But I do feel like it's more of a problem nowadays and there seem to be more deaths as a result. In the PARADE article, students talked about getting as loaded as possible in their dorm rooms before going out to bars that wouldn't serve them. I think they would be more likely to spread their drinking out and do it more responsibly if they could get served at 18.
     
  12. csds703

    csds703 Former Member

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    We drank before going out because we were poor college kids and drinking at bars was expensive. LOL.
    I had a friend who died from hazing back then. Believe me when I tell you that we drank just as much as kids do today. I have also seen articles about the fact that binge drinking is very common up until the late twenties.
    There is also a big thing with kids doing 21 shots on their 21st birthday.
    These are the things that need to be discussed with young people. Like I've told my daughter, who just left for college, there is a big difference between being tipsy and being sloppy drunk. Nobody is attractive tripping over themselves or puking in the corner.
     
  13. Marthatex

    Marthatex New Member

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    Well I "experimented" when I was in 8th grade in a friends liquor cabinet and I think we got a little tipsy. I DON'T THINK THE PARENTS WERE HOME.

    But I don't recall drinking again until college. We didn't drink that much, but just when it was served at fraternity parties. I don't remember what the drinking age was then, but I remember getting very drunk at 2 fraternity parties. I guess thats not too bad for 4 years of college. I didn't have a car, so I never drove drunk. I remember being very embarrassed by how I acted at the 2nds party where I was drunk, and once I got married we didn't drink at all - couldn't afford it.

    I guess most everyone experiments and makes a fool of themselves during college or even high school (I didn't drink then); and hopefully you realize what an idiot you look like drunk.

    I think they drink alot more now illicitly in High School, but now parents have formed with other parents to have "alcohol free" safe homes for the high schoolers. And parties when they graduate that are supervised so they don't get out and kill themselves THAT night anyway.
     
  14. Peter Hamilton

    Peter Hamilton New Member

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    4th grade is very surprising indeed--None of us touched alcohol unti our freshman year in high school
     
  15. englishleigh

    englishleigh Authentic Southern Belle

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    Not sure...but my kids all have made First Communion on the past several years and they all had the Blood at their First Communion and now every week at Mass...just a sip...but still, it's alcohol. Now when I have a glass of wine at home in the evening, they want a sip but I tell them, "only at Mass." I tell them what I'm drinking isn't Jesus' blood so they cannot have any.
     
  16. JanetElaine

    JanetElaine Well-Known Member

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    :eek: My fourthgrader won't even drink anything carbonated because it's 'gross'.
     
  17. SeriouslySearching

    SeriouslySearching Active Member

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    If people didn't make things so "taboo" to children...they wouldn't think it was so enticing. Italian families have the right idea, IMO. They don't raise raging alcoholics yet they allow their young to sip wine at dinner and on occassions. They simply don't make it a big deal. If you tell a child something is "off limits" in such a way they feel they are getting away with it...it quickly becomes an issue in rebellion.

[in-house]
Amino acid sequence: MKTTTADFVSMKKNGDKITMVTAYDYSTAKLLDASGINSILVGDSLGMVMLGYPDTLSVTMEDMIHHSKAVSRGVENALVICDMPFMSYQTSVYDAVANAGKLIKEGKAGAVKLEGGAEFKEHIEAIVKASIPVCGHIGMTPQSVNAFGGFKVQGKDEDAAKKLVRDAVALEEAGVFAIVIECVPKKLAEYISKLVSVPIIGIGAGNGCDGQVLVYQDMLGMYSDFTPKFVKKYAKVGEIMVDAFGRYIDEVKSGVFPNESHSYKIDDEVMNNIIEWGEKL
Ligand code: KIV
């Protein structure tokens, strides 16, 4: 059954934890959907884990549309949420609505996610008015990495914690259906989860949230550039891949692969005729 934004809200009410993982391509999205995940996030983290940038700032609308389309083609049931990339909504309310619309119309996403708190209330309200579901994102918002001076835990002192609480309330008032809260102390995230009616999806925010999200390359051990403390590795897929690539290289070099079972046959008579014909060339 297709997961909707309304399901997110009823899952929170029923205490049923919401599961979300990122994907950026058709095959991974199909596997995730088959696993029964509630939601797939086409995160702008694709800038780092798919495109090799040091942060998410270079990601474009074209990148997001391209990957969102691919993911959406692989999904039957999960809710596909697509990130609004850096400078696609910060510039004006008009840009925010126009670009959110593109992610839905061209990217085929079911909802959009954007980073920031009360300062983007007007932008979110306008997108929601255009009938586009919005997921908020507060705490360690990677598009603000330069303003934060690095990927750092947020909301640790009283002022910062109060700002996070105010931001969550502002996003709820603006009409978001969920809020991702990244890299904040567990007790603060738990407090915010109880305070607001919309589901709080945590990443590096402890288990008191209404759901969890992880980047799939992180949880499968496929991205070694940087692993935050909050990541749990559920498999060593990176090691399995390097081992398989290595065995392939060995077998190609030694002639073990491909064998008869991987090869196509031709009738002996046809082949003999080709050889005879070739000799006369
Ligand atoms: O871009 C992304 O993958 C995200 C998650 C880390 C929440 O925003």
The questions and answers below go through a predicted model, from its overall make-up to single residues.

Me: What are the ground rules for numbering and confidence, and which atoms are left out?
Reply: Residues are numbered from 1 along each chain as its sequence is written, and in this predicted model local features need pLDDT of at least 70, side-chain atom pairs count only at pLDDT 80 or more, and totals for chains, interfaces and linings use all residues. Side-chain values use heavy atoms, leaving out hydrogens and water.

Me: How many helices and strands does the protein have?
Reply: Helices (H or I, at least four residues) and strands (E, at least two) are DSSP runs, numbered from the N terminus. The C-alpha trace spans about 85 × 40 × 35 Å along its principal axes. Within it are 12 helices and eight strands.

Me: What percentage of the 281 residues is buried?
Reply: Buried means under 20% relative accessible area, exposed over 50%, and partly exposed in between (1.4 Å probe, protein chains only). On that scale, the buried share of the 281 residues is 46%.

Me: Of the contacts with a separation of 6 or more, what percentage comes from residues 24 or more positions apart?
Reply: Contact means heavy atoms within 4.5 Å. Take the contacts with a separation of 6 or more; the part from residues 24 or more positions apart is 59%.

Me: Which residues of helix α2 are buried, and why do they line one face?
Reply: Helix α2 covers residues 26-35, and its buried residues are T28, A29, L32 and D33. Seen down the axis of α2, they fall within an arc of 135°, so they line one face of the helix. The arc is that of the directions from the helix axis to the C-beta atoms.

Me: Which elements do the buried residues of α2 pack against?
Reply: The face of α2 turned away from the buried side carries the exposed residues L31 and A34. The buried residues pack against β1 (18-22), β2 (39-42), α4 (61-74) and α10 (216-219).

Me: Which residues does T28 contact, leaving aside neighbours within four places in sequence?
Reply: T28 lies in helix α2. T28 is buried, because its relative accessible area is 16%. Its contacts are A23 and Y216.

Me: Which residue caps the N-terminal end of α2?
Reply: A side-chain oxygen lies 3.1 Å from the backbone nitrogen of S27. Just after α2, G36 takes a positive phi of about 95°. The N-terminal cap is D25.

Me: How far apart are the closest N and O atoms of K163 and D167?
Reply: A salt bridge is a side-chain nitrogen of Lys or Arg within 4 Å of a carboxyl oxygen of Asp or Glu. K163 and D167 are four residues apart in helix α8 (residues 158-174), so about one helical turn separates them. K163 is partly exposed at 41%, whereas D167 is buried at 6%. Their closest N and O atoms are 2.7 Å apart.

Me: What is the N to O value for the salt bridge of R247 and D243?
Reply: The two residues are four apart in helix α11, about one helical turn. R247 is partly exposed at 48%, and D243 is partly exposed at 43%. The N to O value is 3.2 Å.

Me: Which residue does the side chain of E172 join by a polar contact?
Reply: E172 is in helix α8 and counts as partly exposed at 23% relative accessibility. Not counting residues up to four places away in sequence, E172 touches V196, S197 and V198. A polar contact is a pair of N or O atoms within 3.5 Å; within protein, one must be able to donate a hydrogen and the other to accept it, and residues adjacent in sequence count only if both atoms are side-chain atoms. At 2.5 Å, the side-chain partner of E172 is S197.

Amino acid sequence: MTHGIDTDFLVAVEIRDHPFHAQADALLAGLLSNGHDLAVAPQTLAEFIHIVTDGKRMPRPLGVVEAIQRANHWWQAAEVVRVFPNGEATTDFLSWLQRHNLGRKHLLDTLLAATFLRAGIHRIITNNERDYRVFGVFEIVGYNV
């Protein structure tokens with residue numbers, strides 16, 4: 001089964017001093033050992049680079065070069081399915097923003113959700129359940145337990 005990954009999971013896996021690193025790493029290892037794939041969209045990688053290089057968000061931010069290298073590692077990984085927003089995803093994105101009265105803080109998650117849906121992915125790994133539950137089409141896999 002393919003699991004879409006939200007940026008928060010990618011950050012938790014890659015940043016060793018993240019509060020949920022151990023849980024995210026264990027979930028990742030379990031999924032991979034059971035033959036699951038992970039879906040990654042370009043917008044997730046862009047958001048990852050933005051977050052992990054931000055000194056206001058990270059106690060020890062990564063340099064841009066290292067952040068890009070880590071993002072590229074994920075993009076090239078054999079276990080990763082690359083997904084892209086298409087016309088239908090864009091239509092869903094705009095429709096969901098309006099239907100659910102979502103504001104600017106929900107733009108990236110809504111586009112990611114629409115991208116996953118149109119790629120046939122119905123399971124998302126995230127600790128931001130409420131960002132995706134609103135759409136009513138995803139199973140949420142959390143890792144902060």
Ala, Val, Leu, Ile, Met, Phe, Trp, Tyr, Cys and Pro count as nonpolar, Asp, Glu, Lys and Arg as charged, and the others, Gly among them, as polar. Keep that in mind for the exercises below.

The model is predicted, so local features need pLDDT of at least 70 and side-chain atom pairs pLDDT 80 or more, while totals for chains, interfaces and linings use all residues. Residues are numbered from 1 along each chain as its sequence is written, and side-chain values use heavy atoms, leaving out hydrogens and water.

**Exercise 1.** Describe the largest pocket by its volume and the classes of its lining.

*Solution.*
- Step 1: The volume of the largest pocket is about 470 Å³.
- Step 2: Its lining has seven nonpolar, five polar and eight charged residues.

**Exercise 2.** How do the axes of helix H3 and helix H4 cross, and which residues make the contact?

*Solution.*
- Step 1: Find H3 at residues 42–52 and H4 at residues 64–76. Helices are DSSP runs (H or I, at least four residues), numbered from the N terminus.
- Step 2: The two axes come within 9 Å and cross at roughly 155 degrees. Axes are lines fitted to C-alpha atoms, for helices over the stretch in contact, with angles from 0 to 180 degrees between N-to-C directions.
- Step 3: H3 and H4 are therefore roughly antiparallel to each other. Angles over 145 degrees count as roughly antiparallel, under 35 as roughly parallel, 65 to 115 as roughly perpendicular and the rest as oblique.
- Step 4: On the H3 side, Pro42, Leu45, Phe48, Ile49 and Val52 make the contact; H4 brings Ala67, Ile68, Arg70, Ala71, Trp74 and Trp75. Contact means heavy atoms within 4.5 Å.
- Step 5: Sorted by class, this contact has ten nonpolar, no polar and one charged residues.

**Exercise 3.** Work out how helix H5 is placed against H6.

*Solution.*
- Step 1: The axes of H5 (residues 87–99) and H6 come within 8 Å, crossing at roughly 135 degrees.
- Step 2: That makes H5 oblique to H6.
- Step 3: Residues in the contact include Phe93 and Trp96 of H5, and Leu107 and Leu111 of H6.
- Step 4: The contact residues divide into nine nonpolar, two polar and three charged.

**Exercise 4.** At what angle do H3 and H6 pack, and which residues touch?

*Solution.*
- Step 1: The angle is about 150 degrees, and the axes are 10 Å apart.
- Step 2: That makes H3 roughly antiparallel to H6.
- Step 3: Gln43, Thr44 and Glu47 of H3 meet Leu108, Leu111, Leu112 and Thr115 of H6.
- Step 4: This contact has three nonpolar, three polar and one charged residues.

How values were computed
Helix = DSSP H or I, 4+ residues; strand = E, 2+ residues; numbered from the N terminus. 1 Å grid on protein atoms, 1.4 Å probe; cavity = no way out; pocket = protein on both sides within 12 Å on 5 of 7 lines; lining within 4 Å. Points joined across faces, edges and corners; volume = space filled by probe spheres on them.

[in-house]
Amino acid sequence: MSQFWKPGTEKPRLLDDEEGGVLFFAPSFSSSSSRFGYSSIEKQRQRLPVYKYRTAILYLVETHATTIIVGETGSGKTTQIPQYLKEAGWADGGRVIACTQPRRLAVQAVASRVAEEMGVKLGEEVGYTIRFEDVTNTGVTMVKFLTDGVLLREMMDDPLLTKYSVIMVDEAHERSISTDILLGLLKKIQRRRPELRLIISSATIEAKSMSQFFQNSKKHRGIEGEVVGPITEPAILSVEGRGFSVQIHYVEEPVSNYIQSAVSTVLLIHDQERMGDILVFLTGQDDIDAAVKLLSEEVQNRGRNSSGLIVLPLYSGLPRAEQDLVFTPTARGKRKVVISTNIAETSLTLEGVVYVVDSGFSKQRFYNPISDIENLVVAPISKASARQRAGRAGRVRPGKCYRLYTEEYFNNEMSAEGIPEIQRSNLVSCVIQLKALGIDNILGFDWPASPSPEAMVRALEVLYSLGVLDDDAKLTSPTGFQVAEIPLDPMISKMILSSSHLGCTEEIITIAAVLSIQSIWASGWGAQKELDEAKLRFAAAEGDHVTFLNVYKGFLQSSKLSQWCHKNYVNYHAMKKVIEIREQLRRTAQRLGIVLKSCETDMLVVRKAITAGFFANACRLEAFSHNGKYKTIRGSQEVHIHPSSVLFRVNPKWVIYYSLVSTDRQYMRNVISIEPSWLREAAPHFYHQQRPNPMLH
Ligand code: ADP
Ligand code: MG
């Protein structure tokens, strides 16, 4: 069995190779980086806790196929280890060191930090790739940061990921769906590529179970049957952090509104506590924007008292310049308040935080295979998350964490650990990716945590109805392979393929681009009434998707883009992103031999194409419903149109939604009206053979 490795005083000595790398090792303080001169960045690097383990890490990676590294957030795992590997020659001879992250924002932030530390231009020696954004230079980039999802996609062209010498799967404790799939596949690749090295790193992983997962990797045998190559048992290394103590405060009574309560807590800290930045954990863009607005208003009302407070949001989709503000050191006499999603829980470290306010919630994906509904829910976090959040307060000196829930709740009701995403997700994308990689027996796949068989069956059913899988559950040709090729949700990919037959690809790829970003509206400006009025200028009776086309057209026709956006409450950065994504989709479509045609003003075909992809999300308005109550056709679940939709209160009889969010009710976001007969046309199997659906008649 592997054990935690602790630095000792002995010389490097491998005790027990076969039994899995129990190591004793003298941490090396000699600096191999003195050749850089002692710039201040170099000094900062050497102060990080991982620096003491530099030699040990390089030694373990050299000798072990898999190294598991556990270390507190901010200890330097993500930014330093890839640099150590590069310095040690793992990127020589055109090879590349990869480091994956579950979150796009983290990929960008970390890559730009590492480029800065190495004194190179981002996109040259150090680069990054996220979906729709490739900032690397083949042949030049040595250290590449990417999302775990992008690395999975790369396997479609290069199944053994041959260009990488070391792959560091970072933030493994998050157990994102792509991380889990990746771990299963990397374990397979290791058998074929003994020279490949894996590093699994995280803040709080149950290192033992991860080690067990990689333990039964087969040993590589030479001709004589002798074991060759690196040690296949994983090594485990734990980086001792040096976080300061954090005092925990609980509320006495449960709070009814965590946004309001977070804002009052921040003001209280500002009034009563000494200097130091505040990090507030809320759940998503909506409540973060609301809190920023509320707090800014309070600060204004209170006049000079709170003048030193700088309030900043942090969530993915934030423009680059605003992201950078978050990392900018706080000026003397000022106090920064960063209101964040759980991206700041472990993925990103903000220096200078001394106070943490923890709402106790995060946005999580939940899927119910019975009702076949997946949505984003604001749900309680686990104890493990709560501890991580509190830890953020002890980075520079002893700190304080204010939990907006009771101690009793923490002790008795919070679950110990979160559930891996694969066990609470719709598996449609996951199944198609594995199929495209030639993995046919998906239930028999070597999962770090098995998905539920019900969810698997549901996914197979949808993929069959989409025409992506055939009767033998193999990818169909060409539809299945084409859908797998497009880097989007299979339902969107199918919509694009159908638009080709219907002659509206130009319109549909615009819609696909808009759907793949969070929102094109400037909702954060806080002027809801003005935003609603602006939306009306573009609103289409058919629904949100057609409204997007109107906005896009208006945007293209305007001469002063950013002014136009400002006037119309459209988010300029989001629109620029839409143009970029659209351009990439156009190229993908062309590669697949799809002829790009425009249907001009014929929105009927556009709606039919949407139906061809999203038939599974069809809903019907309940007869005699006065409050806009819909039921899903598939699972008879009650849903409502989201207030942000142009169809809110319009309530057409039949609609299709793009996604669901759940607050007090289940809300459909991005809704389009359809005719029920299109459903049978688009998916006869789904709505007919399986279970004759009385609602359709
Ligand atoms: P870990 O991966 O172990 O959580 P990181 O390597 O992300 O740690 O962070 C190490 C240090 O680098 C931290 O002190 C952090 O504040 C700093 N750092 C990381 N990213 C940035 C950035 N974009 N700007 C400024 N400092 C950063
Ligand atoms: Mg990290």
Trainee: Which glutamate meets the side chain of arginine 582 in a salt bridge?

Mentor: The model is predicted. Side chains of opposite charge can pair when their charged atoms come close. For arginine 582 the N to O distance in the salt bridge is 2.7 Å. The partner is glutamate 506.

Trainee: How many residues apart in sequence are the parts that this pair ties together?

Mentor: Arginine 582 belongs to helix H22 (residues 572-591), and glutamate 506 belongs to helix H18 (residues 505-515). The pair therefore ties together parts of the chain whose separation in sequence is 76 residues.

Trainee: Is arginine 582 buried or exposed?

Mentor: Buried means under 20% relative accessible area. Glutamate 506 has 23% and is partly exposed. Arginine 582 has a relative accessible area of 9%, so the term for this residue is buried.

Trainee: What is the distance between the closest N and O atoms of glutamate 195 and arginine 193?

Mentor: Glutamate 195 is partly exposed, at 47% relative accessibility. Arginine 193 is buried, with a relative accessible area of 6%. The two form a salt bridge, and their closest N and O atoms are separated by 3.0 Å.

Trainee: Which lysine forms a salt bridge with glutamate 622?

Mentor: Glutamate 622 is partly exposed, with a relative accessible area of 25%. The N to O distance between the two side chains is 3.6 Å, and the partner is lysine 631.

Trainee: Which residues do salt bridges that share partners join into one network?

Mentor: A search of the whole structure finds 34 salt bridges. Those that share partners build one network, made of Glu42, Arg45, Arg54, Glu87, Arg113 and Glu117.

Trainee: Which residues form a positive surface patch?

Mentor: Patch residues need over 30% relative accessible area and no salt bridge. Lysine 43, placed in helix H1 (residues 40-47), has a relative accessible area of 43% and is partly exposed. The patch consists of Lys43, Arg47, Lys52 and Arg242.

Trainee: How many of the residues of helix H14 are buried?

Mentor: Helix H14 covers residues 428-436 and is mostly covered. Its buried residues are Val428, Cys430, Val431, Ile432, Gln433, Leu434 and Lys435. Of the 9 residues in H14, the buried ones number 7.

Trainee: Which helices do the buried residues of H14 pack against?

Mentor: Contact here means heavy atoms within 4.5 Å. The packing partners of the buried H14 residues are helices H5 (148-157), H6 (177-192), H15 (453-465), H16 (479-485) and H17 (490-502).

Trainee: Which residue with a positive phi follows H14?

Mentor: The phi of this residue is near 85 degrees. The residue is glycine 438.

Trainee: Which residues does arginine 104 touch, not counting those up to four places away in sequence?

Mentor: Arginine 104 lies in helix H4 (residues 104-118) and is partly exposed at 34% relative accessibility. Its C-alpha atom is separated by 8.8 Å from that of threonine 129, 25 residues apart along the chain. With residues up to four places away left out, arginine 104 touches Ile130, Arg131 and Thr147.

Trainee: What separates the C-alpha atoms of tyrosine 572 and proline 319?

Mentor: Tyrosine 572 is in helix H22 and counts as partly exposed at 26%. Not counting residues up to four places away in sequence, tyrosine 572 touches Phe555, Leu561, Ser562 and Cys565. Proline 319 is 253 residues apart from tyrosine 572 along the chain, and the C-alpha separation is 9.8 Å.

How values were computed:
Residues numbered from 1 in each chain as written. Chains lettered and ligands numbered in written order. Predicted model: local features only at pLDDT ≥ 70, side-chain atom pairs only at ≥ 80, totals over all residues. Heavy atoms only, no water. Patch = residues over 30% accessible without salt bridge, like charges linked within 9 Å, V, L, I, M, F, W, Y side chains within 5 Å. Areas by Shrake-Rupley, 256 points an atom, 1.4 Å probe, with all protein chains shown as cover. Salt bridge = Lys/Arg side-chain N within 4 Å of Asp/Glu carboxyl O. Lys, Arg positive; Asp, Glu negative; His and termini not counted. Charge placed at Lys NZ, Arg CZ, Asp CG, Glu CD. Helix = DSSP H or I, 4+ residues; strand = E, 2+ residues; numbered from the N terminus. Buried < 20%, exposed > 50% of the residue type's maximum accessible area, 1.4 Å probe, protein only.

My kids were raised around alcohol at parties, celebrations, political functions, etc. None of them drink beyond control. They NEVER drink and drive nor do they allow their friends to do so. I never made a big deal of it and they never felt the need to go overboard.

    They also know my rules on having a DD or taking a cab. My friends and I are always responsible when going out even if we are only having a glass of wine with dinner! Better safe than sorry.
     
  18. philamena

    philamena Former Member

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    Sorry, but I'm not buying it. I just don't believe that 4th graders try alcohol. At that age, children are still very close to their parents and I don't think a 10-11 yr old has to nerve nor desire to drink.
     
  19. mostlylurking

    mostlylurking New Member

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    You just haven't seen it. I was 8 or so when I got to start having sips of beer. It was icky, but it was grown up & I wanted more. I thought Shirley Temples were a drink out with the family. It was 7th grade when drinking became about getting wasted, not sipping what was being allowed at 8.

    My now 22 year old little brother (20 yrs younger than me), told me of how at 8 he would take a warm beer & put it at the back of the fridge so that he could take a cold one from the front.

    I'm 12 1/2 yrs sober now. I have already started having the conversations with my 3. Not the "don't you dare try it" stuff, but the experience I've had -- at a level that little guys can understand. I am full well braced for what alcoholism & its effects on my family may have in store...

    Also, at 18, drinking beer was legal. Liquor was 21. When I was 19, that changed to 21 for everything. I absolutely believed my rights had been taken away & used all the arguments that SS mentioned up above. Ended up getting a fake ID & just going at it anyway..... no descriptions needed. Just let your imaginations take it away.....
     
  20. southcitymom

    southcitymom New Member

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    I was drinking regularly at that age - 10-11, and I was in 6th/7th grade. Of course, I'm an alcoholic so that might not be typical for all, but I think it is typical for those of us who might go on to become problem drinkers. My husband - also an addict - started drinking and using drugs at age 10 and I've heard many AA/NA stories over the years that start with people taking their first taste of alcohol at around the 10/11 mark.